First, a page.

Undone (A Song for Anna Parnell, 1852 – 1911) – Anna Parnell was a political activist in the late 19th century who, with her sister Fanny, established the Ladies Land League. The aim was to encourage working class country women to withhold rent and resist eviction, with the hope of abolishing landlordism. She initially set out to support her brother, the political Irish leader Charles Stewart Parnell, in his endeavors with the men’s Land League. However, story has it that the Land League men became more than a little discontented when the ladies  accomplished the aims which the men, supposedly, had considered unachievable. In the end, the men’s Land League entered agreements with government, without the women’s consent, leaving the women disillusioned by the outcome of the campaign and resulting in the Ladies Land League disbanding. Anna deeply resented her brother’s actions and could never bring herself to forgive him. She bitterly recounted her experience in a book, The Tale of a Great Sham, where she voiced her indignation of the inferior treatment of women and the blatant sexual inequality that was rife in society. Having disconnected herself from her family, she lived out the rest of her life in solitude, until she accidentally drowned while swimming one day. The stress of her single-minded struggle eventually took it’s toll and when all was said and done she simply came “undone”.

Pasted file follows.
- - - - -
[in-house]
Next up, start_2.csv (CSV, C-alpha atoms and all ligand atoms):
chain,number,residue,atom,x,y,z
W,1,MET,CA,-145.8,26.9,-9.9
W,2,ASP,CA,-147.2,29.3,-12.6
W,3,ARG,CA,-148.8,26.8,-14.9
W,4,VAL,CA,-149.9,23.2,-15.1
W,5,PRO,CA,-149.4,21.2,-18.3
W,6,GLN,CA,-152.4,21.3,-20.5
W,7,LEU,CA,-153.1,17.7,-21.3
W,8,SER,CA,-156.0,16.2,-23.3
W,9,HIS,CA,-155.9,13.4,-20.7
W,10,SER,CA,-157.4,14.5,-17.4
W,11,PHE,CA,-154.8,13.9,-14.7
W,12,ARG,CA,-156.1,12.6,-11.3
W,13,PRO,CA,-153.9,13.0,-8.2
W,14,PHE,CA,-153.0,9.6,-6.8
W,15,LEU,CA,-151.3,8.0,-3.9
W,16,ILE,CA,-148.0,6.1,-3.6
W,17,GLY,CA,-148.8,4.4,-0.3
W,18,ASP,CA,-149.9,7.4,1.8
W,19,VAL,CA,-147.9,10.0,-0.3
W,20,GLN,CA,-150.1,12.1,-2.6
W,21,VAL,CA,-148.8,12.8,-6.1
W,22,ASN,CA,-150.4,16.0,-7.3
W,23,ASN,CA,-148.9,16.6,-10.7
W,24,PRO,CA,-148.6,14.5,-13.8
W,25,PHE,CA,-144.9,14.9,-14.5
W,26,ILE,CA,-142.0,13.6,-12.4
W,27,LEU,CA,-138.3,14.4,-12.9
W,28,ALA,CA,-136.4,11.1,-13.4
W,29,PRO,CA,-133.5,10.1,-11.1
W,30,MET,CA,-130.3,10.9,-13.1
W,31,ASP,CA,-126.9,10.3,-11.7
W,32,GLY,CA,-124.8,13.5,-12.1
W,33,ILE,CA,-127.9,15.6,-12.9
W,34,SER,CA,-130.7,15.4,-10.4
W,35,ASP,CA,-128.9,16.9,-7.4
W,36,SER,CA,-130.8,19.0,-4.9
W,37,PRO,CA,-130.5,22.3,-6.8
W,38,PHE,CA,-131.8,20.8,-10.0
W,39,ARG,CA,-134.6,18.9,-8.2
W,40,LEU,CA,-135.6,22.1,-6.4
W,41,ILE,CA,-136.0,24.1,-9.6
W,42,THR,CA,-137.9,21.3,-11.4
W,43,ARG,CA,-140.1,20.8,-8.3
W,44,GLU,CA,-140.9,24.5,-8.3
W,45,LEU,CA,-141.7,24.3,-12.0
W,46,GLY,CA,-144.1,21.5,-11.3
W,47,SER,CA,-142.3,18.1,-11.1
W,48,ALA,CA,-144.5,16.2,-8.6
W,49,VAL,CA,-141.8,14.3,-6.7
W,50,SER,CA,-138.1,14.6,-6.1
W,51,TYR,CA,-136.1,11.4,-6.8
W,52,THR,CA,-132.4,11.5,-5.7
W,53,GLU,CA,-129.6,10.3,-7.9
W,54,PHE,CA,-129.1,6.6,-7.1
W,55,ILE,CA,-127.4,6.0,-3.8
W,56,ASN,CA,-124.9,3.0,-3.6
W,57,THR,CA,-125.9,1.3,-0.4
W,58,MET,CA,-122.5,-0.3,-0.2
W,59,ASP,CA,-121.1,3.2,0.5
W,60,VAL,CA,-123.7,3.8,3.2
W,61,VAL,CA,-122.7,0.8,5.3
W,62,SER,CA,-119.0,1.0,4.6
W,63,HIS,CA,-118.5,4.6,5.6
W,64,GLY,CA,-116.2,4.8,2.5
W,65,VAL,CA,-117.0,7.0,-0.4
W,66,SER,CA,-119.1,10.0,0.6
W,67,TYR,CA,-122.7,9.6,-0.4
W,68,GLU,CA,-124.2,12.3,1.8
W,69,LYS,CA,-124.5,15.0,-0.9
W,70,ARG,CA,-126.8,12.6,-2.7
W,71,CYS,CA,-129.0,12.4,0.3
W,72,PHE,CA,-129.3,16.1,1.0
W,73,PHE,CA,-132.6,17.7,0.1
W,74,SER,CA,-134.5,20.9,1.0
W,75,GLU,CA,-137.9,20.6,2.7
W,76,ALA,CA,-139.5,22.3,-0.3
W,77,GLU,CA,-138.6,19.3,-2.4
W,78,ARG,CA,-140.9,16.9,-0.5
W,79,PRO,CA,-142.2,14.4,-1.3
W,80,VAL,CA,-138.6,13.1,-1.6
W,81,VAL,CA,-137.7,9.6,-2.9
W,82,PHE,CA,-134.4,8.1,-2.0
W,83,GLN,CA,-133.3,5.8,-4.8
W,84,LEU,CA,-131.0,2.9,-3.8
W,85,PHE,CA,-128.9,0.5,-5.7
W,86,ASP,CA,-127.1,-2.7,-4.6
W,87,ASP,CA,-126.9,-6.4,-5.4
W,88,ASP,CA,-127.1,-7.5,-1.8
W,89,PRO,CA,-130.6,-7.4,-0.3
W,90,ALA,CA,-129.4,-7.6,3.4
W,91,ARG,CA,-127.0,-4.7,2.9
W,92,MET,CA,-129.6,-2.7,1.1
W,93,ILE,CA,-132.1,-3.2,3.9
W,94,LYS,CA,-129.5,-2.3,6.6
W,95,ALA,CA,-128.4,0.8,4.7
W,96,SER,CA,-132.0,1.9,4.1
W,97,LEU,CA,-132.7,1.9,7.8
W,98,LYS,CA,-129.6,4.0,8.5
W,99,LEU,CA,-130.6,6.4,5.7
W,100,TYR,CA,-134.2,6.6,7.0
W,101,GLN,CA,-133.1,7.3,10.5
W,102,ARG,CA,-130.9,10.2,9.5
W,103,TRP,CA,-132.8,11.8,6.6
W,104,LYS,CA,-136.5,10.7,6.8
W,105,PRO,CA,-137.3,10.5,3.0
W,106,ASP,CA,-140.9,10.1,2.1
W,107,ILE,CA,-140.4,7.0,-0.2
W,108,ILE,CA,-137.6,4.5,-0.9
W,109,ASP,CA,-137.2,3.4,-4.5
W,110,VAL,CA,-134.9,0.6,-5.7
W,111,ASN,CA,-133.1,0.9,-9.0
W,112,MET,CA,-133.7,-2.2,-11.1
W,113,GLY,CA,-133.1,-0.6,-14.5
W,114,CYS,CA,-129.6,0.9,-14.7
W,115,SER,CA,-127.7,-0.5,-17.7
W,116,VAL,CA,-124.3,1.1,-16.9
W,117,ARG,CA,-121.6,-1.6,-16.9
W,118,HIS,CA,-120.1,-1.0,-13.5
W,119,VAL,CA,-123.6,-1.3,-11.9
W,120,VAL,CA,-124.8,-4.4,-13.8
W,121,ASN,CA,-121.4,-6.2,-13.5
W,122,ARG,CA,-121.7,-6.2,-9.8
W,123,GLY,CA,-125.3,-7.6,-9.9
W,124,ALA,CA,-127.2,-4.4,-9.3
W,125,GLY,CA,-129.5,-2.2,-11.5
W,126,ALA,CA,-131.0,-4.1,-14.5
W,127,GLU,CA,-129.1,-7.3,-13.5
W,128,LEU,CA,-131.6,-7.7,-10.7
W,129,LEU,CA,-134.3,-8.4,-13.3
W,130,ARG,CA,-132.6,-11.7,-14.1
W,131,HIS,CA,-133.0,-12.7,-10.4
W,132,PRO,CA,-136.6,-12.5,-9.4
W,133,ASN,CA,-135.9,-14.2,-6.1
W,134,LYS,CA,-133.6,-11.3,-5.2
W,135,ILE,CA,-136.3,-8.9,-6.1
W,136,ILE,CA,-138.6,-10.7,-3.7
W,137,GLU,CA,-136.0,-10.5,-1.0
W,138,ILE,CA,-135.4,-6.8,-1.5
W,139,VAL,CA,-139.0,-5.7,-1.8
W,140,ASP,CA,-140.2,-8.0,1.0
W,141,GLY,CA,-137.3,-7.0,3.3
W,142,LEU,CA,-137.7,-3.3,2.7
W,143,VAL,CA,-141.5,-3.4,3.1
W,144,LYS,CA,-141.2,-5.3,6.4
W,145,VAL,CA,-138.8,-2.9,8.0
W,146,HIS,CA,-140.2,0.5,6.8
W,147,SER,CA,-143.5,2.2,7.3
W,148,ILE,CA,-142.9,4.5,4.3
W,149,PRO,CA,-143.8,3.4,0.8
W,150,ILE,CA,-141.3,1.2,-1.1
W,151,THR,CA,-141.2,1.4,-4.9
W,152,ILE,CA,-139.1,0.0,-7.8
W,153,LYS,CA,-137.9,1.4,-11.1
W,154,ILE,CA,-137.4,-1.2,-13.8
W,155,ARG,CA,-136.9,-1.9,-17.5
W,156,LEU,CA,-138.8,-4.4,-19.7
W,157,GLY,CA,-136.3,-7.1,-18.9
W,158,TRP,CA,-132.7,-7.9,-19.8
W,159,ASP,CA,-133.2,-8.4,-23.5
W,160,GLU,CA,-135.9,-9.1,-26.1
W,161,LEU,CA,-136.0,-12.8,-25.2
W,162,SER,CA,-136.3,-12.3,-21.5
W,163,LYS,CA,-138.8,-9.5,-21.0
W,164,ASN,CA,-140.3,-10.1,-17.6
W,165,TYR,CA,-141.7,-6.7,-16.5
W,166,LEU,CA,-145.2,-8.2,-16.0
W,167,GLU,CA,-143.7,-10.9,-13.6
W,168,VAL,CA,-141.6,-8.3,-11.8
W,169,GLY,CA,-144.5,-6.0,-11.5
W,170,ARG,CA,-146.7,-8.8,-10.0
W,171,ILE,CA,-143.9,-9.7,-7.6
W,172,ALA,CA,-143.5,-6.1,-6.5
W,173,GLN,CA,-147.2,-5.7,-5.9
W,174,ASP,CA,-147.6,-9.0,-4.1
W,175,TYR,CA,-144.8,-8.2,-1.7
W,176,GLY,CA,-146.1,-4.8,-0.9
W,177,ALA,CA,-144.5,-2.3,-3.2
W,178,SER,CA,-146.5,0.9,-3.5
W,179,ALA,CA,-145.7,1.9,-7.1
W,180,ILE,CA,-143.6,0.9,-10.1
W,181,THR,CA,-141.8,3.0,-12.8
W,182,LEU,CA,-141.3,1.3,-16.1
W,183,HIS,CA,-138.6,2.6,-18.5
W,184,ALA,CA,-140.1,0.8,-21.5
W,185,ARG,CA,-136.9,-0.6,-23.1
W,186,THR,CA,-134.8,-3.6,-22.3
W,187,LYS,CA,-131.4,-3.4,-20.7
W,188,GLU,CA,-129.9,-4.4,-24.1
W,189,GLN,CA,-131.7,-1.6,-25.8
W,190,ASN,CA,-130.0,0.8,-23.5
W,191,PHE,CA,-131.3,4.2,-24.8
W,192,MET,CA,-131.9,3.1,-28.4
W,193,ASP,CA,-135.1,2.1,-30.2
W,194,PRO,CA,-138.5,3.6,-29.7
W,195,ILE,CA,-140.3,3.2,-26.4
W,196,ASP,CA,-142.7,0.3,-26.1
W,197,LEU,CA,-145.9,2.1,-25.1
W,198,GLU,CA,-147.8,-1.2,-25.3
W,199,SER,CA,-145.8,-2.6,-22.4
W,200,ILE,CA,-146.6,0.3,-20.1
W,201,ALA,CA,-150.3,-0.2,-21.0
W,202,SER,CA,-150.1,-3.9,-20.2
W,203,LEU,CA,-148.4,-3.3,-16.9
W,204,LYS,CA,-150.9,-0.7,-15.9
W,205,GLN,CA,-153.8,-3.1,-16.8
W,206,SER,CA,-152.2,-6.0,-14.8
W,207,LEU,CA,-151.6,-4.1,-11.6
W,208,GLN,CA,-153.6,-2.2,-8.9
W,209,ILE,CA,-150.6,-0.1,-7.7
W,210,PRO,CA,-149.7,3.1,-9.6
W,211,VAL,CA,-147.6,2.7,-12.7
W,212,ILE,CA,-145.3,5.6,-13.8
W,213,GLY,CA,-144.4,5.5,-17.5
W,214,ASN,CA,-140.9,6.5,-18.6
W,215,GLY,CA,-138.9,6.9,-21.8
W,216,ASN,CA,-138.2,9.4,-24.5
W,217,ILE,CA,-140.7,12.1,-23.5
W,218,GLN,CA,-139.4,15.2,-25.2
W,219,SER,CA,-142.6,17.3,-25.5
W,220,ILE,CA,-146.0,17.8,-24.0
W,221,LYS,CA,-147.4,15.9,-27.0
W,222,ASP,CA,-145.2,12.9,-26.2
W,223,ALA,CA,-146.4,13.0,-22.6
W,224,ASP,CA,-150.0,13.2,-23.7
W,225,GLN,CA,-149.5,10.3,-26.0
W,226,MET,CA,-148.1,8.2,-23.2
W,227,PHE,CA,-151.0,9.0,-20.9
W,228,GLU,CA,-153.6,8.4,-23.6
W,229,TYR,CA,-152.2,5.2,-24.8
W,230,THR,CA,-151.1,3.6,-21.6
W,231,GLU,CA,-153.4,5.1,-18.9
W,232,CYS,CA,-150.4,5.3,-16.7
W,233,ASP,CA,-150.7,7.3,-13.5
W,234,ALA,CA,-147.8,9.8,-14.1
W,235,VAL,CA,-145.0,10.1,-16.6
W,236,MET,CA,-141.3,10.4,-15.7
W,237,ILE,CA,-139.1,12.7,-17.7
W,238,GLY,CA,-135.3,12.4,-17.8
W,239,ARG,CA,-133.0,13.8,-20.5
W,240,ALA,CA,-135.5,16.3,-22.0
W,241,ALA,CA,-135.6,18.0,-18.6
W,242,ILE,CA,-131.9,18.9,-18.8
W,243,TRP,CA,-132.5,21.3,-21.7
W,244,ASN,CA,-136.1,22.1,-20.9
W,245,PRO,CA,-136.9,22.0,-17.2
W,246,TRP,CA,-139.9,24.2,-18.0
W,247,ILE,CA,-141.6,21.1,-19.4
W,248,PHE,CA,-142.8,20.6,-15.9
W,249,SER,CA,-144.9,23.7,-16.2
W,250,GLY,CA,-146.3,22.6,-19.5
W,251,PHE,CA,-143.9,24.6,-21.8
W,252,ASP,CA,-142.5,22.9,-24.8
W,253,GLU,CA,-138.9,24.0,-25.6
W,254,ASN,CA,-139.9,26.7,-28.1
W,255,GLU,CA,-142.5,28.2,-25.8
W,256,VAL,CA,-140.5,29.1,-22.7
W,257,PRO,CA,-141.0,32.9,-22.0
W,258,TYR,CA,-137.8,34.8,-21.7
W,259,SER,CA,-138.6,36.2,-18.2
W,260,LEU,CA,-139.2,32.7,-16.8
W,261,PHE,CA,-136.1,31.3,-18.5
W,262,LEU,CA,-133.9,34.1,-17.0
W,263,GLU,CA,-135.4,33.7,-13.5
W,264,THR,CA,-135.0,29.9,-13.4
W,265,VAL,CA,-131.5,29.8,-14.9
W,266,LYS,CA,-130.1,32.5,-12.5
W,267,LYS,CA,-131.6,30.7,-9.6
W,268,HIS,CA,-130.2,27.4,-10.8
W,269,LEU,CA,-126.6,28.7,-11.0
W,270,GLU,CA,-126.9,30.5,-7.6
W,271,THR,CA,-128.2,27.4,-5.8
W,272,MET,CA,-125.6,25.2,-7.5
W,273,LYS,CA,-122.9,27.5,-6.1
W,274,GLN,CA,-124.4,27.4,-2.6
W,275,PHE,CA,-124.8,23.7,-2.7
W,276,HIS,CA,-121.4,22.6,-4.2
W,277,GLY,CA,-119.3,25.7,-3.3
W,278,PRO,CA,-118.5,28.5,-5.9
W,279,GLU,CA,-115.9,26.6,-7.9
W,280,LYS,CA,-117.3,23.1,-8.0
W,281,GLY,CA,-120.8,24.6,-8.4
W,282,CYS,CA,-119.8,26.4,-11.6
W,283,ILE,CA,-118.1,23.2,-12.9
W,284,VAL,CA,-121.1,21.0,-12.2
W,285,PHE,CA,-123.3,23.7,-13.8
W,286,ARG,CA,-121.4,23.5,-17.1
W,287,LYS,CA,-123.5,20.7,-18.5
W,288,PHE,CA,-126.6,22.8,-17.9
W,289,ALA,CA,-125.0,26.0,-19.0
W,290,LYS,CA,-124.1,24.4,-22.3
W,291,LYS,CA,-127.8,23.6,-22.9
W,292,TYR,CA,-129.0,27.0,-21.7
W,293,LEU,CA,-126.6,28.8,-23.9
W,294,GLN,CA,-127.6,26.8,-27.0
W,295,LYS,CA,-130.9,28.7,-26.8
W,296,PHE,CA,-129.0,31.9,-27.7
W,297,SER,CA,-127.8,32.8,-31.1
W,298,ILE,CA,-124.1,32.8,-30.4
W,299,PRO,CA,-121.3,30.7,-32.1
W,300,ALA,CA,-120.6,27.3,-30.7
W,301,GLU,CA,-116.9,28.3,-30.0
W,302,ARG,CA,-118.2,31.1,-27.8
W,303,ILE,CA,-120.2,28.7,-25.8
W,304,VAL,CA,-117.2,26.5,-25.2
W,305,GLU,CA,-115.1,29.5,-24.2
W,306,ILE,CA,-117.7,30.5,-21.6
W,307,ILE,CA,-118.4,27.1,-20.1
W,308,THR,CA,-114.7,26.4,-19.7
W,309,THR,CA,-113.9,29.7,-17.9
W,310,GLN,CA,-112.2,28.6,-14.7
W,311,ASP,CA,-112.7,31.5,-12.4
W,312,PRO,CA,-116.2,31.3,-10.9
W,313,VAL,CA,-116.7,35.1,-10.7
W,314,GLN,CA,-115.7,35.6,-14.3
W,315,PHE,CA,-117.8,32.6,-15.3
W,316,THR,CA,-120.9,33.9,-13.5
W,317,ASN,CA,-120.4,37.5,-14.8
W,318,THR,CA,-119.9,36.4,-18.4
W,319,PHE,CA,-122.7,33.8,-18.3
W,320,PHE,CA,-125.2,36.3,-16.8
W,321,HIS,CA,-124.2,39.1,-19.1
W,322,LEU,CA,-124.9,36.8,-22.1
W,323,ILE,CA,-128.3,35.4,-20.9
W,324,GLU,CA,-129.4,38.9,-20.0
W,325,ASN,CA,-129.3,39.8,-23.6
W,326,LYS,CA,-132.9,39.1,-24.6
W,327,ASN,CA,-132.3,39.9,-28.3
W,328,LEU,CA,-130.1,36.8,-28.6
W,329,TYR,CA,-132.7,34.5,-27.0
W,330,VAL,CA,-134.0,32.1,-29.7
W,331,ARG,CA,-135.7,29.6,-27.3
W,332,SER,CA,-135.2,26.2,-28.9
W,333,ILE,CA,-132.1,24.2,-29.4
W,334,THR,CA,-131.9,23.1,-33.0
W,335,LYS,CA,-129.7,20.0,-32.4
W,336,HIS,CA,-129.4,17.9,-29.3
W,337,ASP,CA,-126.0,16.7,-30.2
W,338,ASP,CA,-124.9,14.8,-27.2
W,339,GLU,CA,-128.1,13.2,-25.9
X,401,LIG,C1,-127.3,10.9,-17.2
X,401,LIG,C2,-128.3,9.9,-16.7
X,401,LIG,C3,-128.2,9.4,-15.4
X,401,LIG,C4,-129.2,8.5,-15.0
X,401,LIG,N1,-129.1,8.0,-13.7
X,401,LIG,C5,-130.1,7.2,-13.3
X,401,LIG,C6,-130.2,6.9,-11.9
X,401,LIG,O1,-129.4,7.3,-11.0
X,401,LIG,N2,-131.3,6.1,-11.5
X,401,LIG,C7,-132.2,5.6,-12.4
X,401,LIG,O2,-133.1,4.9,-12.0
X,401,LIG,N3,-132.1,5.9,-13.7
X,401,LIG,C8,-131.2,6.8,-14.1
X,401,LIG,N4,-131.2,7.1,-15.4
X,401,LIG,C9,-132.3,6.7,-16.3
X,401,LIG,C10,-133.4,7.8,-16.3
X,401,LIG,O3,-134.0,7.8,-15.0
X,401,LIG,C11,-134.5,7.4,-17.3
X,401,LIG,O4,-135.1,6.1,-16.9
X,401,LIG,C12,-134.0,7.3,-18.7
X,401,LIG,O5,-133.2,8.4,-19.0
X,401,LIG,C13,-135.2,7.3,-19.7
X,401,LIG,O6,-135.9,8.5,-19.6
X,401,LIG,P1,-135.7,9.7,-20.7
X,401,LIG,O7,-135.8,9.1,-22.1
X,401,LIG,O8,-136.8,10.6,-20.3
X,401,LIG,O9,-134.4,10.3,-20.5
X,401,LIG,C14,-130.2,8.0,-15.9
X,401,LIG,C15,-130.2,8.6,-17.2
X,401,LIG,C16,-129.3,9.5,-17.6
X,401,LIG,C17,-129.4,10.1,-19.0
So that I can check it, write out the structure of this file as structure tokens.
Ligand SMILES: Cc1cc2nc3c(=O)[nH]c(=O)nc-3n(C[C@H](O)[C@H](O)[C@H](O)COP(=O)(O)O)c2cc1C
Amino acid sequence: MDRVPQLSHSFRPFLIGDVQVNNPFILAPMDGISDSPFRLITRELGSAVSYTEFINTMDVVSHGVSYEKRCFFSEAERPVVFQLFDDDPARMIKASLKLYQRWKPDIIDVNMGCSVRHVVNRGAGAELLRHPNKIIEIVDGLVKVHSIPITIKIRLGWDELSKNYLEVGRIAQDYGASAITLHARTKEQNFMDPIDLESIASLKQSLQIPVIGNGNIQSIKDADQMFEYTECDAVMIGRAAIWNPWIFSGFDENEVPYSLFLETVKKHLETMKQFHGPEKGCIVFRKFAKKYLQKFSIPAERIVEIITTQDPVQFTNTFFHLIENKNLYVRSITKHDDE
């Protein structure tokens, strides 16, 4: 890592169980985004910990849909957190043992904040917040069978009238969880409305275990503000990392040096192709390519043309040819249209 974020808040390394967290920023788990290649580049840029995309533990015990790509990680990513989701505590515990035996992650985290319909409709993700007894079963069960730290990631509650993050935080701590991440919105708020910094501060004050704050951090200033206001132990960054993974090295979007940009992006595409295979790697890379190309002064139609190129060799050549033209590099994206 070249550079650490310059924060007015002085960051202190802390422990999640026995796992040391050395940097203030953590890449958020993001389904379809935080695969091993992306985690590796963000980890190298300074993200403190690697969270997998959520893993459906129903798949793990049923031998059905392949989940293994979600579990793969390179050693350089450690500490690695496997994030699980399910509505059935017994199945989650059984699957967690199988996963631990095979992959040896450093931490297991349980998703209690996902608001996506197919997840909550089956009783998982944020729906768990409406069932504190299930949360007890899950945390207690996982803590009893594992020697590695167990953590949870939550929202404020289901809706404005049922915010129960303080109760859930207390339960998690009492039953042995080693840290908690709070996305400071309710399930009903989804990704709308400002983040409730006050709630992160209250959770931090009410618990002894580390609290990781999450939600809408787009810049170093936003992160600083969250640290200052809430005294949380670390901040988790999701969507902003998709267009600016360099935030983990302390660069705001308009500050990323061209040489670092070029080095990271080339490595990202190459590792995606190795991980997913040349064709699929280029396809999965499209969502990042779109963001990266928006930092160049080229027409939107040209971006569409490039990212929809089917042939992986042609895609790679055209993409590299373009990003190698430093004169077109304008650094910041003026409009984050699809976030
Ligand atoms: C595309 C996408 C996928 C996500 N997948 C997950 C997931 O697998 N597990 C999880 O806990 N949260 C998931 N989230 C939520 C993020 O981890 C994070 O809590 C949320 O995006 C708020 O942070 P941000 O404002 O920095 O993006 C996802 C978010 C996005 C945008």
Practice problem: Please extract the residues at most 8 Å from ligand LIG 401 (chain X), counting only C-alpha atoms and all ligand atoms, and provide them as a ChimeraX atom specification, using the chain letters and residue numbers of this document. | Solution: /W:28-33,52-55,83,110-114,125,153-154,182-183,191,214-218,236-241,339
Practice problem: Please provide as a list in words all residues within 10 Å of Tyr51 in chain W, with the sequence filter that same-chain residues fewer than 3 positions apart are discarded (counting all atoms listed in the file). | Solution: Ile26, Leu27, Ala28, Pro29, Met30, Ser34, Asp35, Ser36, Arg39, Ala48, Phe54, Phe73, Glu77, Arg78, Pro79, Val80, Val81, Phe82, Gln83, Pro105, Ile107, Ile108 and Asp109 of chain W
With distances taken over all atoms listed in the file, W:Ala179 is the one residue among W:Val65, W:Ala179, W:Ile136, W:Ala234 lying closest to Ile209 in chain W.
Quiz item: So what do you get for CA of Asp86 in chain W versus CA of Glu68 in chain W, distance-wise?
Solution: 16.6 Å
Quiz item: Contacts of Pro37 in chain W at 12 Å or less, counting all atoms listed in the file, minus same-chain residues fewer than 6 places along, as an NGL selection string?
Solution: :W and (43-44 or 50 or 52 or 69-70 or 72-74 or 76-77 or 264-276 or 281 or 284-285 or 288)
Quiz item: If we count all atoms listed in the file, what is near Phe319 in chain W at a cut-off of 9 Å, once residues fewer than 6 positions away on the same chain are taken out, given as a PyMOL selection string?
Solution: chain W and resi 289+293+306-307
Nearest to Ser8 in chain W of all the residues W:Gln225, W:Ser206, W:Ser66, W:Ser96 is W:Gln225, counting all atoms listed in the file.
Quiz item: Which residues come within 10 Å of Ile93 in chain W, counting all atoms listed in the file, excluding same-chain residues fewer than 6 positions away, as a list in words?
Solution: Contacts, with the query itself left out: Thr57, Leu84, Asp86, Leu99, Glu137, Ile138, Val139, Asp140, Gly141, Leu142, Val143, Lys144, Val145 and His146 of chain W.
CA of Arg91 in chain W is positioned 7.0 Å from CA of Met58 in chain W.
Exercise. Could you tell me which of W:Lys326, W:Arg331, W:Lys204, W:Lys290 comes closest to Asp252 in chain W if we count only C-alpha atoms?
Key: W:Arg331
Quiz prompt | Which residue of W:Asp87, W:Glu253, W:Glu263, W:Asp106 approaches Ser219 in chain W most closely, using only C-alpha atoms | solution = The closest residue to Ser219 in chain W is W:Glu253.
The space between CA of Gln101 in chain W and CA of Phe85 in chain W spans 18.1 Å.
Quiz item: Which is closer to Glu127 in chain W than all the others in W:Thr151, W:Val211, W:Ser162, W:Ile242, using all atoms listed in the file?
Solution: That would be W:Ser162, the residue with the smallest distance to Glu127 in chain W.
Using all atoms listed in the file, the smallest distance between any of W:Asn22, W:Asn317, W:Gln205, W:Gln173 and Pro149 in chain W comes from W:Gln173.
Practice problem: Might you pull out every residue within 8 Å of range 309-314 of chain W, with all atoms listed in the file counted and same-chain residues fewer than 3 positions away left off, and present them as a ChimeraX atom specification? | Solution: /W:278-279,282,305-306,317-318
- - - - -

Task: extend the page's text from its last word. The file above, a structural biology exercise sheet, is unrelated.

You Said – “I wrote this song when my mother was undertaking the life-changing decision to take early retirement, sell her house that she lived in for 22 years and make the dramatic move from urban city living to rural Donegal. Moved by her courage and resoluteness, I found her ability to let go of all that was familiar to her with such gracefulness very admirable and inspiring.”

Beholder – “Taking stock of how we see ourselves and how we are viewed by others, I questioned the idea that as we age we often become more critical (of ourselves and others) a form of self obsession which can appear shallow, so maybe shallowness . . .lies in the eye of the beholder. But maybe there’s reassurance also in the mere fact that this is part of the human condition and something to be embraced . . . . . .”


Additional information

Weight 0.1 kg